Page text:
Starring : Dhanush, Sonam Kapoor, Abhay Deol, Shilpi Marwaha,
Swara Bhaskar, Md Zeeshan Ayyub
Director : Anand L. Rai
Producer: Krishika Lulla
Screenplay & Story : Himanshu Sharma
Music : A.R. Rahman
Rating : 4/5
I am the kind of person who doesn’t watch a movie if it doesn’t get 4 stars. Raanjhanaa is my first attempt where I broke my own rule (though I wasn’t aware of it). I am happy that I didn’t bother checking the reviews and ratings online as I might have missed this superbly crafted melodrama. Before Raanjhanaa all I knew about Dhanush were limited to his ‘Kolavery di’ gig and him being Rajnikant’s son-in-law. Now that I have seen him on his Bollywood debut I must admit his acting is worth every cent I have spent.
Anand L. Rai has acclaimed his foothold in the industry through his unconventional directional debut with Tanu weds Manu. He came up as a promising director and proved himself again in his second movie Raanjhanaa. The plot hangs around the lead character Kundan (Dhanush) and his unrequited love for Zoya (Sonam Kapoor), who loves Jasjeet (Abhay Deol). Kundan is a simple Banarasi Brahmin boy was infatuated with Zoya (who is Muslim) since his childhood. As they turn teens he dares to propose her which sadly ends up taking her hundreds of miles away from him but they promise to meet again someday. He waits for her for 8 long years and life doesn’t change for him while she touches new milestones of her life and meets someone whom she considers more dignified and well-bred. The realization that his love is just one-sided abhors him to the limit of vengeance. However, the result of his acts makes him contemplate and self introspect to redeem for what went wrong.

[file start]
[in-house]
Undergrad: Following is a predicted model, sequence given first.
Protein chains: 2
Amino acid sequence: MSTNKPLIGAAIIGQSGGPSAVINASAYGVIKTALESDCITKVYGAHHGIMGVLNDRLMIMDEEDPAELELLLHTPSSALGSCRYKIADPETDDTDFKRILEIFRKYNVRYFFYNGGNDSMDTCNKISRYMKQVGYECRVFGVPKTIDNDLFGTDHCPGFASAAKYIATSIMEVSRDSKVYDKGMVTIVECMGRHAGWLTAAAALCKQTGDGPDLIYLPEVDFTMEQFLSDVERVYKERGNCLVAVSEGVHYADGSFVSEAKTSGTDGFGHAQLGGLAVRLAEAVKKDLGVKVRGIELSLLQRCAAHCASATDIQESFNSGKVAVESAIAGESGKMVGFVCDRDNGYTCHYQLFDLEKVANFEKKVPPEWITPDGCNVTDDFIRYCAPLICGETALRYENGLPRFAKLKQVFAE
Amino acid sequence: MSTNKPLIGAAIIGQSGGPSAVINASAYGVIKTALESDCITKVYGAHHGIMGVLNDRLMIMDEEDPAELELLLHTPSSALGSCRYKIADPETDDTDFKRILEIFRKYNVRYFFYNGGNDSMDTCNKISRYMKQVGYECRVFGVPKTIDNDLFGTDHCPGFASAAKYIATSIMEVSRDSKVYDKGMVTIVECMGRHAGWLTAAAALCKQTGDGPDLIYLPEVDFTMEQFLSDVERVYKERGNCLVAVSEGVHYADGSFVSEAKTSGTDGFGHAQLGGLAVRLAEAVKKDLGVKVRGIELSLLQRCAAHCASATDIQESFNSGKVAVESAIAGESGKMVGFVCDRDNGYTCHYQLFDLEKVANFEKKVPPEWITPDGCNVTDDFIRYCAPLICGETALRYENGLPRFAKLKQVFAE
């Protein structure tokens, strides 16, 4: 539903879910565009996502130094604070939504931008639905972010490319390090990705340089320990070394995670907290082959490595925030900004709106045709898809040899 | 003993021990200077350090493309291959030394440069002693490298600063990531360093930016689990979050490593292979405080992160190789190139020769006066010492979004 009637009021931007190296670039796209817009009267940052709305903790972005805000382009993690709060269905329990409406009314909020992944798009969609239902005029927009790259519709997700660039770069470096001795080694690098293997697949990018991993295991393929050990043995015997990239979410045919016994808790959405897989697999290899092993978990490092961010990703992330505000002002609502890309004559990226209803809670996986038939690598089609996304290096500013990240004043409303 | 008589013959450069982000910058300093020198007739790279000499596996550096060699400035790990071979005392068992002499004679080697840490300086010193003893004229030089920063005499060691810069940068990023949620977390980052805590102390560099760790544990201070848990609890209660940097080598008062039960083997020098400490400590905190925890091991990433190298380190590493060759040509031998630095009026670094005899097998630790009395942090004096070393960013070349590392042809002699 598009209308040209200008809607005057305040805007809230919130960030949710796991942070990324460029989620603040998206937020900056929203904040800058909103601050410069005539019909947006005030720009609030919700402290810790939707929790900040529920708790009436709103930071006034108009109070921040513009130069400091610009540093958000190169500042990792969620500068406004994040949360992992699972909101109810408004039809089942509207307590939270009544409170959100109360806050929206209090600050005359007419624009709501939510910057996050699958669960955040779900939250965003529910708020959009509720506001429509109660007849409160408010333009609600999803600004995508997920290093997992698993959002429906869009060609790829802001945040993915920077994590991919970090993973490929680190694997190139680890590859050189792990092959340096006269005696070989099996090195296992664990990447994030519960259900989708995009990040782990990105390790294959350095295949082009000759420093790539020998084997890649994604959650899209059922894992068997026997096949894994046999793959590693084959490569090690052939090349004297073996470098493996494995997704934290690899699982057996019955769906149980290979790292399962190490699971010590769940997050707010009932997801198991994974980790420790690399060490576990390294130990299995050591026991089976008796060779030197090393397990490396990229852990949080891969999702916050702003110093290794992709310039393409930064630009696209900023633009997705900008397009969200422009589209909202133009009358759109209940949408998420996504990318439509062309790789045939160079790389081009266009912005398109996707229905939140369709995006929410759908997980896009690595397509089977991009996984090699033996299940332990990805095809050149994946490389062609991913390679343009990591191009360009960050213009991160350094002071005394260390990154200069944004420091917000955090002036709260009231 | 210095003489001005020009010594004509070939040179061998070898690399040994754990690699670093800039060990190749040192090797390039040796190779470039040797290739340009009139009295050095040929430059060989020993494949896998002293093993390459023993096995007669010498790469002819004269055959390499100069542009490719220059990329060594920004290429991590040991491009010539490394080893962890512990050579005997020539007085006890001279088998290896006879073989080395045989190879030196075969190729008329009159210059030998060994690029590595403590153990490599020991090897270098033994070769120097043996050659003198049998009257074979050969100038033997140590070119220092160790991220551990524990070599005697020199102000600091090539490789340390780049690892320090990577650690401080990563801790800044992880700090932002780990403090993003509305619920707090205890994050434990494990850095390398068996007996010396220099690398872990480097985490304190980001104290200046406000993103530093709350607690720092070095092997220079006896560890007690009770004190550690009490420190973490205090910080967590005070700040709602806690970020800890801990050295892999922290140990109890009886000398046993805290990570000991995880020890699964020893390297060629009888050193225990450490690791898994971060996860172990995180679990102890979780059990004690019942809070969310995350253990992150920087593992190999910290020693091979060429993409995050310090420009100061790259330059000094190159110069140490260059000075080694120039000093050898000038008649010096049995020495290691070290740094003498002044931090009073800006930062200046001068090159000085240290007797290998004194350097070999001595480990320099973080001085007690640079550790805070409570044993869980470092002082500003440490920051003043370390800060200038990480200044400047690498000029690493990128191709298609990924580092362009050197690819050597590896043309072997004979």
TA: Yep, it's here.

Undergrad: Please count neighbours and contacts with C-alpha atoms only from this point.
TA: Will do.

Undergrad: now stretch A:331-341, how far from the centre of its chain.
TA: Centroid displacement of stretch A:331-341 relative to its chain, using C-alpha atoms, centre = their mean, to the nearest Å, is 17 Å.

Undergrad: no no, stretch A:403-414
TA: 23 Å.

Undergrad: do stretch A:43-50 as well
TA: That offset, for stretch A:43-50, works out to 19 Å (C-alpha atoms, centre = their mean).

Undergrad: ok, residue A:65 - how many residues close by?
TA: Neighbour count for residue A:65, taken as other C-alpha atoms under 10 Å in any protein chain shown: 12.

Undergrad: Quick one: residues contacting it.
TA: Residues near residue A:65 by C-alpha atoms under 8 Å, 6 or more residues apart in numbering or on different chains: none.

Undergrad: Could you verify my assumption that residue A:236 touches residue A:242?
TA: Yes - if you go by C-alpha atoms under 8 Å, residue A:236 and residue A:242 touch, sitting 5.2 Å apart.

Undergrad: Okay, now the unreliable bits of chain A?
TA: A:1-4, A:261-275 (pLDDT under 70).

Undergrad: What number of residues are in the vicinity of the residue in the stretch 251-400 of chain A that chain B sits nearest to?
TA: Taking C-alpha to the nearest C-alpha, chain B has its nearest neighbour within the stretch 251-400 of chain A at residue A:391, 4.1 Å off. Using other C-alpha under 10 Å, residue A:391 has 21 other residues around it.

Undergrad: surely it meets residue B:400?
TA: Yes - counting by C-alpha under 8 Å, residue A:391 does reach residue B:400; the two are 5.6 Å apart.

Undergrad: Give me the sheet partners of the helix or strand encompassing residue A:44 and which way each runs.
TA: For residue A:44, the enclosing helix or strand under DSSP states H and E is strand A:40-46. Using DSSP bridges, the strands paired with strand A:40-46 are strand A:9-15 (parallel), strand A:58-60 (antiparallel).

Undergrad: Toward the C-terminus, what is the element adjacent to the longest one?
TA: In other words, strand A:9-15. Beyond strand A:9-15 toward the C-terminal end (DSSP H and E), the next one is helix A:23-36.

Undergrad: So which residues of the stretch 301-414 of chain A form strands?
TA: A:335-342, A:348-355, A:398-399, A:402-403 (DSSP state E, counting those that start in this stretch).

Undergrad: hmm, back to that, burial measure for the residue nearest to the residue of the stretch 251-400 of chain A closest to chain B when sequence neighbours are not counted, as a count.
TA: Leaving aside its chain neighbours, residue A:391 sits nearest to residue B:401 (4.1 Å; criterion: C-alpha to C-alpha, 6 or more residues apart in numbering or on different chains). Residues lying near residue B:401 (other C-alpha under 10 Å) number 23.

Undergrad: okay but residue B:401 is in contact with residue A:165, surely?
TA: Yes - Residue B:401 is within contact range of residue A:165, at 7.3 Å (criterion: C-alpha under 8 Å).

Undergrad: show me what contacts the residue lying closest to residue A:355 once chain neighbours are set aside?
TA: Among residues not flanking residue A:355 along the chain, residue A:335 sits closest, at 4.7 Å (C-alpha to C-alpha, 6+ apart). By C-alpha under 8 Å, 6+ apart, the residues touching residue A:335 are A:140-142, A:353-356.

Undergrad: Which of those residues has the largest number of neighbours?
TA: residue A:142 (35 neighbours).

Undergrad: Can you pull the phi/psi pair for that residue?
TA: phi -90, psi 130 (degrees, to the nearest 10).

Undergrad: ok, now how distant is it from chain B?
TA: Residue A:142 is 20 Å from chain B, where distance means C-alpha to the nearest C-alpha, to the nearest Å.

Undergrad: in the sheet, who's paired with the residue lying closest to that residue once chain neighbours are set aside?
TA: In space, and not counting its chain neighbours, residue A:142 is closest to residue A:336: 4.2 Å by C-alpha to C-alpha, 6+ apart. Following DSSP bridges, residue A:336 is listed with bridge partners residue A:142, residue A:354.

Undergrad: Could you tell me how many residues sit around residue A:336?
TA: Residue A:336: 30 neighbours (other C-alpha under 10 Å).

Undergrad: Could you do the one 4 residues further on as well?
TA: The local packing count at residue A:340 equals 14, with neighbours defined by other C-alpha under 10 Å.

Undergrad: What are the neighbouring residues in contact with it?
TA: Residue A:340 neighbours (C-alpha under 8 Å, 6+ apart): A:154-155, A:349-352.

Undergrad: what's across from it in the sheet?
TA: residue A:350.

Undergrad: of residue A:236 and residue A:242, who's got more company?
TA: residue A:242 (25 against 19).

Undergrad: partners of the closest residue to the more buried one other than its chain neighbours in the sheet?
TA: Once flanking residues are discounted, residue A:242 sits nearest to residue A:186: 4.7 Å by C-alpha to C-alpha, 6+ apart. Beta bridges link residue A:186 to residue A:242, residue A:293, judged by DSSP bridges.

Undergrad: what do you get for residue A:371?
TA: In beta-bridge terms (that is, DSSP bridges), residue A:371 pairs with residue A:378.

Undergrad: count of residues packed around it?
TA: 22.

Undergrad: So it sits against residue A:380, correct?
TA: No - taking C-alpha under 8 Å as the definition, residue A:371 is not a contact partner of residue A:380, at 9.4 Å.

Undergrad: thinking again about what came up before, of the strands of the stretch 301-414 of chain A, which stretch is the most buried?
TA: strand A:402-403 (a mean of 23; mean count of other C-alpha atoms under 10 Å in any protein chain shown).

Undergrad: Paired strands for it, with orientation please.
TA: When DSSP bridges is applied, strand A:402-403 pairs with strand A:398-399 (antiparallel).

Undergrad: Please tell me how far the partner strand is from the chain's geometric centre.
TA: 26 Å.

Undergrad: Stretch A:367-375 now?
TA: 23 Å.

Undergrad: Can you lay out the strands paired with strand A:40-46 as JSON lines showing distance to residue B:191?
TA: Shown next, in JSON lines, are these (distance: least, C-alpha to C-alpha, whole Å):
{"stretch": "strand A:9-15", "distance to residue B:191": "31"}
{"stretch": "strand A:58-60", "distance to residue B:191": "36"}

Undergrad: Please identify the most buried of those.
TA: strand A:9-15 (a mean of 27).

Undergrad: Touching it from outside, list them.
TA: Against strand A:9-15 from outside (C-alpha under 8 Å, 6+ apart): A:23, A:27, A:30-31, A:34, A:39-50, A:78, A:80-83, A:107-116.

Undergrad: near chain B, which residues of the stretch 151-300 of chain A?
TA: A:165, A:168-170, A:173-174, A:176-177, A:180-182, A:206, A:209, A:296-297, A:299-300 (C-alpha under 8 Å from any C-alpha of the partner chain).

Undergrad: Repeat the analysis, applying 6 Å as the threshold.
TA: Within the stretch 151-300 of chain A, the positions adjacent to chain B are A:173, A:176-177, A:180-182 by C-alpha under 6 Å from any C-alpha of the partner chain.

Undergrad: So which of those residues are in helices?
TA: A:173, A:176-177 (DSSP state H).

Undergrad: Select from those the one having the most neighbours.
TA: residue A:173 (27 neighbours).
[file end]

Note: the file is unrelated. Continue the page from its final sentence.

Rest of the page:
The story is superbly written, executed and it brought out the best of each character. A.R. Rahman’s music brought a breath of fresh air and the songs were well placed in the movie. I would highly recommend to watch Raanjhanaa. It reminds me of few lines from one of Abraham Cowley’s translations of Anacreon’s verses:
A Mighty pain to Love it is,
And ’tis a pain that pain to miss.
But of all pains the greatest pain
It is to love, but love in vain.